There was a time when you could walk into a central government office and see a blackboard there with two words written on it. The first word was a Hindi word and the second was its translation. The idea behind this was that people could learn Hindi, one word at a time, and in due time be able to communicate in Hindi. You could see pairs such as paathasaala, “school", and nyayadheesh, “judge". This practice was strictly followed in most central offices in the early years. With the passage of time, the practice has come to be neglected. The blackboard has become musty and dusty.

V.R. Narayanaswami

Considering the mammoth proportions of the task of teaching English in a few months, Russia has entrusted it to the language school, EF Education First, the world’s largest educational company. It runs a group of 15 subsidiaries. The credentials of EF are impeccable. Its mettle was tested and proved in Beijing where it trained 6,000 Olympic officials. Two years later EF was called upon to train 60,000 people, including volunteers, tourist guides and medical personnel at the Asian Games in Guangzhou. Its sweep is graphically expressed by pointing out that it covers 25,000 volunteers over nine time zones. Its professed mission is to break down barriers in language and to establish bridges across cultures.

More recently, Brazil has sought EF’s services to train up to 80,000 people in the next two years in preparation for the football World Cup in 2014. The project is called Olá turista, or Hello, tourist.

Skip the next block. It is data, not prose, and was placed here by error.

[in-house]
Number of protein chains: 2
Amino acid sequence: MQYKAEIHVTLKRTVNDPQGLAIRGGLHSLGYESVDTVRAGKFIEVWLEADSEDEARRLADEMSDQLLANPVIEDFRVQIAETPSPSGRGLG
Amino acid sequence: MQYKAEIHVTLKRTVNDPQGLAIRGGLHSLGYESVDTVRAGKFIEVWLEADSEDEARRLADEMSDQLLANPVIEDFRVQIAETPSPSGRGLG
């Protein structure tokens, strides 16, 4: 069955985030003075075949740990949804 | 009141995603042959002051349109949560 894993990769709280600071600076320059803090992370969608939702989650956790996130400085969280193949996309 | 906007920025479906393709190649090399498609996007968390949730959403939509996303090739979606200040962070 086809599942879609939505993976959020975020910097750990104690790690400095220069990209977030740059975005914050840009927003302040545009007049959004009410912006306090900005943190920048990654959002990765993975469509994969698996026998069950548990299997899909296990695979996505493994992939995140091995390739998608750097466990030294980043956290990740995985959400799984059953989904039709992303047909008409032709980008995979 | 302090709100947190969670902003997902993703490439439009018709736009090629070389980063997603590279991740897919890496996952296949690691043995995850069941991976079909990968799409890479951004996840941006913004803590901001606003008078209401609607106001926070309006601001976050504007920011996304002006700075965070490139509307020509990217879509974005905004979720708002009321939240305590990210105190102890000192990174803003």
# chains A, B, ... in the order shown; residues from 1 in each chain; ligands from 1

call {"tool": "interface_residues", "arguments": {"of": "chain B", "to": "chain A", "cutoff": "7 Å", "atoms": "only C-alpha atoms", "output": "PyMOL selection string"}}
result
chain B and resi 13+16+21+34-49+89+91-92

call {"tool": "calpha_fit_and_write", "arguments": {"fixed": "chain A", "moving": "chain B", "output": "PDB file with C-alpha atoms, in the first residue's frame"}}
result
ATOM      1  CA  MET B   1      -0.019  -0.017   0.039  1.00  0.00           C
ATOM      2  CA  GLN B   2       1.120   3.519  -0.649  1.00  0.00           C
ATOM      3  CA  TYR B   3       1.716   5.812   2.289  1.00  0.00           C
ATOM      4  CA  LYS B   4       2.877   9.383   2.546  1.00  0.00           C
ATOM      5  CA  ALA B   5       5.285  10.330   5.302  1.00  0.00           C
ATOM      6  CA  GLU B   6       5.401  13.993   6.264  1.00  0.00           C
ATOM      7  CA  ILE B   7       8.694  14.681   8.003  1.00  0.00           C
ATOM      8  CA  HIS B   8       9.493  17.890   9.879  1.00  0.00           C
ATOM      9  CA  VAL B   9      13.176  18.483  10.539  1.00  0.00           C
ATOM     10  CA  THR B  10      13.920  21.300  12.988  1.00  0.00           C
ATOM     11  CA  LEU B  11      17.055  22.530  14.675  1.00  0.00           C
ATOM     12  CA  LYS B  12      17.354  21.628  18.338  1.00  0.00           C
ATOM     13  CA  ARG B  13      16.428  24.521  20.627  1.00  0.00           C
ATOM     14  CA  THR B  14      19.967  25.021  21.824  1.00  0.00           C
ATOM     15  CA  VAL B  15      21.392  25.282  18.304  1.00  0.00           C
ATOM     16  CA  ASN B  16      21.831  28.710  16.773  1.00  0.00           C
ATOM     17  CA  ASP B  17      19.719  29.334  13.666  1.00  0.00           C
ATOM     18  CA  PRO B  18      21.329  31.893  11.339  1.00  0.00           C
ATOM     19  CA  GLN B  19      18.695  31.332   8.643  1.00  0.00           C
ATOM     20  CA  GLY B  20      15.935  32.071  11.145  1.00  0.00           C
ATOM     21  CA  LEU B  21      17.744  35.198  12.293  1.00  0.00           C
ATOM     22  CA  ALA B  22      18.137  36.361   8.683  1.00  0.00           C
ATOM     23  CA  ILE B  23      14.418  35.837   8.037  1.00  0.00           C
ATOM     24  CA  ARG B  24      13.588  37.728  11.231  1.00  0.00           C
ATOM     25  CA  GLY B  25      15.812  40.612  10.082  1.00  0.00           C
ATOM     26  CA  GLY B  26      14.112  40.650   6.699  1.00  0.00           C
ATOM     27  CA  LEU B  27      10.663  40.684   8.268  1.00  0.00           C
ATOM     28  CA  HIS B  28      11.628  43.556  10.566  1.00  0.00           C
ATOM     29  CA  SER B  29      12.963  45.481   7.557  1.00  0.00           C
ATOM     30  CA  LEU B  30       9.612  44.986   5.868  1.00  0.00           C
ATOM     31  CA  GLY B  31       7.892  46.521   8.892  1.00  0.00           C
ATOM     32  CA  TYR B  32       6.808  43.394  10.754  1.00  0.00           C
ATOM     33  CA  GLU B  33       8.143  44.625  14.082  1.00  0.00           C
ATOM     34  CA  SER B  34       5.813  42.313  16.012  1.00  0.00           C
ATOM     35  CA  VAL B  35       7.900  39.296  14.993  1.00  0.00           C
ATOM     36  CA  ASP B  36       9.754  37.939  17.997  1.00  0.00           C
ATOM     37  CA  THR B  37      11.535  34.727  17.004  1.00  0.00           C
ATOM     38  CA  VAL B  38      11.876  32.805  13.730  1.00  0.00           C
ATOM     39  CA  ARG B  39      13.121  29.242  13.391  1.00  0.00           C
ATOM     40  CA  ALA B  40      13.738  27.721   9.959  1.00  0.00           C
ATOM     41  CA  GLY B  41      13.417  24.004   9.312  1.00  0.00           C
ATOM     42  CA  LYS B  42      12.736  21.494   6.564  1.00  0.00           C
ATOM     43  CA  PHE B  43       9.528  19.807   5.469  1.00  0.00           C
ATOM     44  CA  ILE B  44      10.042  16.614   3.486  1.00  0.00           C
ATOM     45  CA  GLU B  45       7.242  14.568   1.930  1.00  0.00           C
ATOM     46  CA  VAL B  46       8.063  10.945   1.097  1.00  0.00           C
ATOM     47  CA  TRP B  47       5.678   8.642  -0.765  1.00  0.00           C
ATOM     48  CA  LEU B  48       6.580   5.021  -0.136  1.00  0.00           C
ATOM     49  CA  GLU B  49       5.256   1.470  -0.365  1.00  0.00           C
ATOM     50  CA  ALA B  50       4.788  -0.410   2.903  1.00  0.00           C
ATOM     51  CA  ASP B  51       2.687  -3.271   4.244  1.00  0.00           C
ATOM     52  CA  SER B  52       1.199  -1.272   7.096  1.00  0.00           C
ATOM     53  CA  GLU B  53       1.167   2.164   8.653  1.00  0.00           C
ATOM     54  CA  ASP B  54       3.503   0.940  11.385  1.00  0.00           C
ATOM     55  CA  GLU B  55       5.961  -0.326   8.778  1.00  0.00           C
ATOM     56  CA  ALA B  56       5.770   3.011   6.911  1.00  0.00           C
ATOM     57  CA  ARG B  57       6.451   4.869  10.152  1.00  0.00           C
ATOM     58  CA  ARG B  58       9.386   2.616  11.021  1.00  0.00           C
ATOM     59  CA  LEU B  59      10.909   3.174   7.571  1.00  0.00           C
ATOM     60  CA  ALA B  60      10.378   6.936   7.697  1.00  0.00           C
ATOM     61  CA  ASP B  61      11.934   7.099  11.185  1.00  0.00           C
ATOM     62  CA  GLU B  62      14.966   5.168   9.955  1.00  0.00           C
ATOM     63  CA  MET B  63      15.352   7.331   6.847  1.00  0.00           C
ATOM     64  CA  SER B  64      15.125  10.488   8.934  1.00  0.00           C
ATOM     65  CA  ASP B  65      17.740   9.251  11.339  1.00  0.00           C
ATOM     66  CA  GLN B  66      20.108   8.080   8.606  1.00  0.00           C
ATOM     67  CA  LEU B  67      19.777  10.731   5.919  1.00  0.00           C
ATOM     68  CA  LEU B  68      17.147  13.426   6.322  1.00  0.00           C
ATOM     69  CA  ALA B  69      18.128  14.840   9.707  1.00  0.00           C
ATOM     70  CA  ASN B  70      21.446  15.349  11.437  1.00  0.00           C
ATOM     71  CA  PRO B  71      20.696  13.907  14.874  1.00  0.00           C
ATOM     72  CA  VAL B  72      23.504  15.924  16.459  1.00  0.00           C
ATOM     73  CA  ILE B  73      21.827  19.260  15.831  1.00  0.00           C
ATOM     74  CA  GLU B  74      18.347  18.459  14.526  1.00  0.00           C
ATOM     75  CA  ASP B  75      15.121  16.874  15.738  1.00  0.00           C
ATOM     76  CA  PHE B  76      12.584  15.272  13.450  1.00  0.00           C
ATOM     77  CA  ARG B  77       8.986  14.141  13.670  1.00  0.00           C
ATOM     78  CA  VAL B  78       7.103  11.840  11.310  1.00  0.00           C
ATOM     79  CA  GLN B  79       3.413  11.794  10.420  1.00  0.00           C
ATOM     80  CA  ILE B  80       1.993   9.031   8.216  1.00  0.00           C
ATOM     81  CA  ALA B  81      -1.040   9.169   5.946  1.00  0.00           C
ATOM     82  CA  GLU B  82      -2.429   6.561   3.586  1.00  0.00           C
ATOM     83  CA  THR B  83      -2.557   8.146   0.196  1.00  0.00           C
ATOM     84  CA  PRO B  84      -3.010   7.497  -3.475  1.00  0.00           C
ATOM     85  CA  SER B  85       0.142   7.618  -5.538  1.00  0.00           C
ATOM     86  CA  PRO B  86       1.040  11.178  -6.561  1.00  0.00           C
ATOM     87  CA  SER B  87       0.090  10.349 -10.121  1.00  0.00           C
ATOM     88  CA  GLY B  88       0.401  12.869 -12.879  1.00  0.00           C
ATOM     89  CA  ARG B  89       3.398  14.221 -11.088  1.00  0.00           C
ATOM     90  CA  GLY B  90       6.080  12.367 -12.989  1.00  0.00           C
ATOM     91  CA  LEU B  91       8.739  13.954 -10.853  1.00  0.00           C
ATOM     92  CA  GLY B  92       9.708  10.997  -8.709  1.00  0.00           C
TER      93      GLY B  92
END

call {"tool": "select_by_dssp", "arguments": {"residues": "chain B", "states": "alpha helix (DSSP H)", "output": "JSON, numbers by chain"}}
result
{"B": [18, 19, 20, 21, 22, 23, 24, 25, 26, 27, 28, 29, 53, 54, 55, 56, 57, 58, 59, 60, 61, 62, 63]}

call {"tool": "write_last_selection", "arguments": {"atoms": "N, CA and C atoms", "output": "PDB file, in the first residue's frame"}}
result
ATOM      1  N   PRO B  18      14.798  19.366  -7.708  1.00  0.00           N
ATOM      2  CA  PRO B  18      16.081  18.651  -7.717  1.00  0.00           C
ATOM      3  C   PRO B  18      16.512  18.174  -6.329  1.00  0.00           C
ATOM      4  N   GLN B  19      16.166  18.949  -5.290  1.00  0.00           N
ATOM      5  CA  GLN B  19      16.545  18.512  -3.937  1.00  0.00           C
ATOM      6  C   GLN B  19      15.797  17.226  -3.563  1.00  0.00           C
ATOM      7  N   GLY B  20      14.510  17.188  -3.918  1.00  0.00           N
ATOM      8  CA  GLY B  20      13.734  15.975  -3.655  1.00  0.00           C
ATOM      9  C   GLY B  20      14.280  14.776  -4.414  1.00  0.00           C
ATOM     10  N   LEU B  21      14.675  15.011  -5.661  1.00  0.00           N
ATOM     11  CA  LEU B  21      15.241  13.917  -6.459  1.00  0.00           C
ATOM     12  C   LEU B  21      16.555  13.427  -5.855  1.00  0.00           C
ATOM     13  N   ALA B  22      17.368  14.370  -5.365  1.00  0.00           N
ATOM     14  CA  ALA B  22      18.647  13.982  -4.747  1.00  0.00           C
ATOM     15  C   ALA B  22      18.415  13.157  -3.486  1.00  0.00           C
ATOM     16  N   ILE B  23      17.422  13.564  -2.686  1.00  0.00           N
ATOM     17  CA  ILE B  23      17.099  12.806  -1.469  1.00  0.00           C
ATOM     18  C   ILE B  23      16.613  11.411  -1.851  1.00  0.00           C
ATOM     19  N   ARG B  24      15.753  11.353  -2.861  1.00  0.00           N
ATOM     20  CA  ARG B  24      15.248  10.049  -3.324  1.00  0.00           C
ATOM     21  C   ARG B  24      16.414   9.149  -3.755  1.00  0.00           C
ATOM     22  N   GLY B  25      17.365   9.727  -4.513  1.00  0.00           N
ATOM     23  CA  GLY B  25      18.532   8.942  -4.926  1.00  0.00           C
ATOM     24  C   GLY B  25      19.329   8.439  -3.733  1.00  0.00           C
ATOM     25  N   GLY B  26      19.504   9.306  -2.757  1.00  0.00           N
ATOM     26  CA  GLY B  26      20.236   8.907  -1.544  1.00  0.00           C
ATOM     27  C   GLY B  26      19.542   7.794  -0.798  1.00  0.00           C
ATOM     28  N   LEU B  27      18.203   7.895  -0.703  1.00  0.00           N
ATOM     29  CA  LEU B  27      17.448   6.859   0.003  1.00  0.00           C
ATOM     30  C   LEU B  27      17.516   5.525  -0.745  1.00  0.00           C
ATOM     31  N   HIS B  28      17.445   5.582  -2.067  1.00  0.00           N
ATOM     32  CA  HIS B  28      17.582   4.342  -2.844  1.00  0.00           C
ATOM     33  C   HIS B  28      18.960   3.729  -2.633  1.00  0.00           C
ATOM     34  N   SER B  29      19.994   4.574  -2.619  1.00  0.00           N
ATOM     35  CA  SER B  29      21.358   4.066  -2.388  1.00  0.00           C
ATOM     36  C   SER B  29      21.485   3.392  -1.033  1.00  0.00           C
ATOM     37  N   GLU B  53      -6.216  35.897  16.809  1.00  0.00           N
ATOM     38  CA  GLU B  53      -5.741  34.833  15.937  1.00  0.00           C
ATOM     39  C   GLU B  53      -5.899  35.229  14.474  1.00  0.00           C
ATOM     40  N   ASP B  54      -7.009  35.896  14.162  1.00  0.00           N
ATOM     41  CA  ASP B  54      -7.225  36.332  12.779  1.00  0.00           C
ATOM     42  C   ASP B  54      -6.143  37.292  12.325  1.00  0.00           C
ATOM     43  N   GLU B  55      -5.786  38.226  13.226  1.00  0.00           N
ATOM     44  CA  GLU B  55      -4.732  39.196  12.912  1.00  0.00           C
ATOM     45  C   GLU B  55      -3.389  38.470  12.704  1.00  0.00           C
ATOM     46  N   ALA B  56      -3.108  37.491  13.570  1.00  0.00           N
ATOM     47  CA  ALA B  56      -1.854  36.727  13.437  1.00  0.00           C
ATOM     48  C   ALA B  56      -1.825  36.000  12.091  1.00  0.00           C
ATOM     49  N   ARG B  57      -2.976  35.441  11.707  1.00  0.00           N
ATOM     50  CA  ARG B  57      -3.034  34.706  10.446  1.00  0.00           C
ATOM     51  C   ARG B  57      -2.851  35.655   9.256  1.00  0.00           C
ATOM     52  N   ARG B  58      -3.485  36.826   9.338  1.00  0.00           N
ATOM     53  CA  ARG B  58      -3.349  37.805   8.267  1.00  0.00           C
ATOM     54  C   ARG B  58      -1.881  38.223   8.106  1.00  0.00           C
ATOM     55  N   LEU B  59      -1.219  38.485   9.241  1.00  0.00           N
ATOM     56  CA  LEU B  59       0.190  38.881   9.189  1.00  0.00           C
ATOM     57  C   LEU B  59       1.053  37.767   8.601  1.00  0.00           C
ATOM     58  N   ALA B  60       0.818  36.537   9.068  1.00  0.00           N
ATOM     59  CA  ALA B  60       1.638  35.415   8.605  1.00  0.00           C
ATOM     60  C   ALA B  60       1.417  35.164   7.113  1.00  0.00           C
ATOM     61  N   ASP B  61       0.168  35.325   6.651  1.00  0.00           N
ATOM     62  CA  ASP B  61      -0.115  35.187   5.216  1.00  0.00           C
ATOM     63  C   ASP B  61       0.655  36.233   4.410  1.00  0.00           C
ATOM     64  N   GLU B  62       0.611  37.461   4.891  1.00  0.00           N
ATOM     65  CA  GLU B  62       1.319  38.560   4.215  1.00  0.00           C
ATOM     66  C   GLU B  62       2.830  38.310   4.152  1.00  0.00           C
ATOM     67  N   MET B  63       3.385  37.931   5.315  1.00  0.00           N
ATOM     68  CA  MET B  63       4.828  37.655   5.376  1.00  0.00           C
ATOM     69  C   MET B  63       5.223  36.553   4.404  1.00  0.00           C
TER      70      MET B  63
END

Not to be left behind, Ukraine has already launched its own ambitious programme of English language teaching. The ugly history of the Russification of minority languages in Russia and the suppression of Ukrainian, Polish, Lithuanian and Belarusian has moved to the background. The two nations are now chasing the same objective, imparting communicative skills in English to those who assist at the international sports events to be hosted by them.

The incentive for Ukraine came from the successful bid by Ukraine and Poland to host Euro football championships in 2012. Free English courses were on offer to medical personnel.

Crash courses in English are being conducted for 15,000 police officers as well as transport and medical staff. They have to accompany tourists around the city and give them directions to reach cathedrals and other monuments in the city. A foreign languages professor remarked that they will need to attend courses in local history and culture before they begin guiding tourists. The proposal was to show a film in Ukrainian about the city of Kyiv and then repeat the lesson in English. Face-to-face classroom teaching was found to be wanting and not really motivating. So the police department decided to make use of books and gadgets. People on duty in busy locations will have pocket phrasebooks and some electronic gadgets to help them. The ministry invested 5.5 million hryvnia on electronic translators which convert phrases into the main European languages.

On 31 May, the state cabinet resolved that “match days will be days off" in the host cities of Kyiv, Donetsk, Kharkiv and Lviv. Bilingual announcements have already been installed in these cities. In Warsaw, visitors were encouraged to learn the Polish and Ukrainian languages and a portal—www.eurolang2012.com—was provided for this. Beijing continued to inspire Poland as a model, and the organizers derived their enthusiasm from that. Most important to me was the linking of a language-cultural function with sports.

V.R. Narayanaswami is a former professor of English, and has written several books and articles on the usage of the language. He looks at the peculiarities of business and popular English usage in his fortnightly column.

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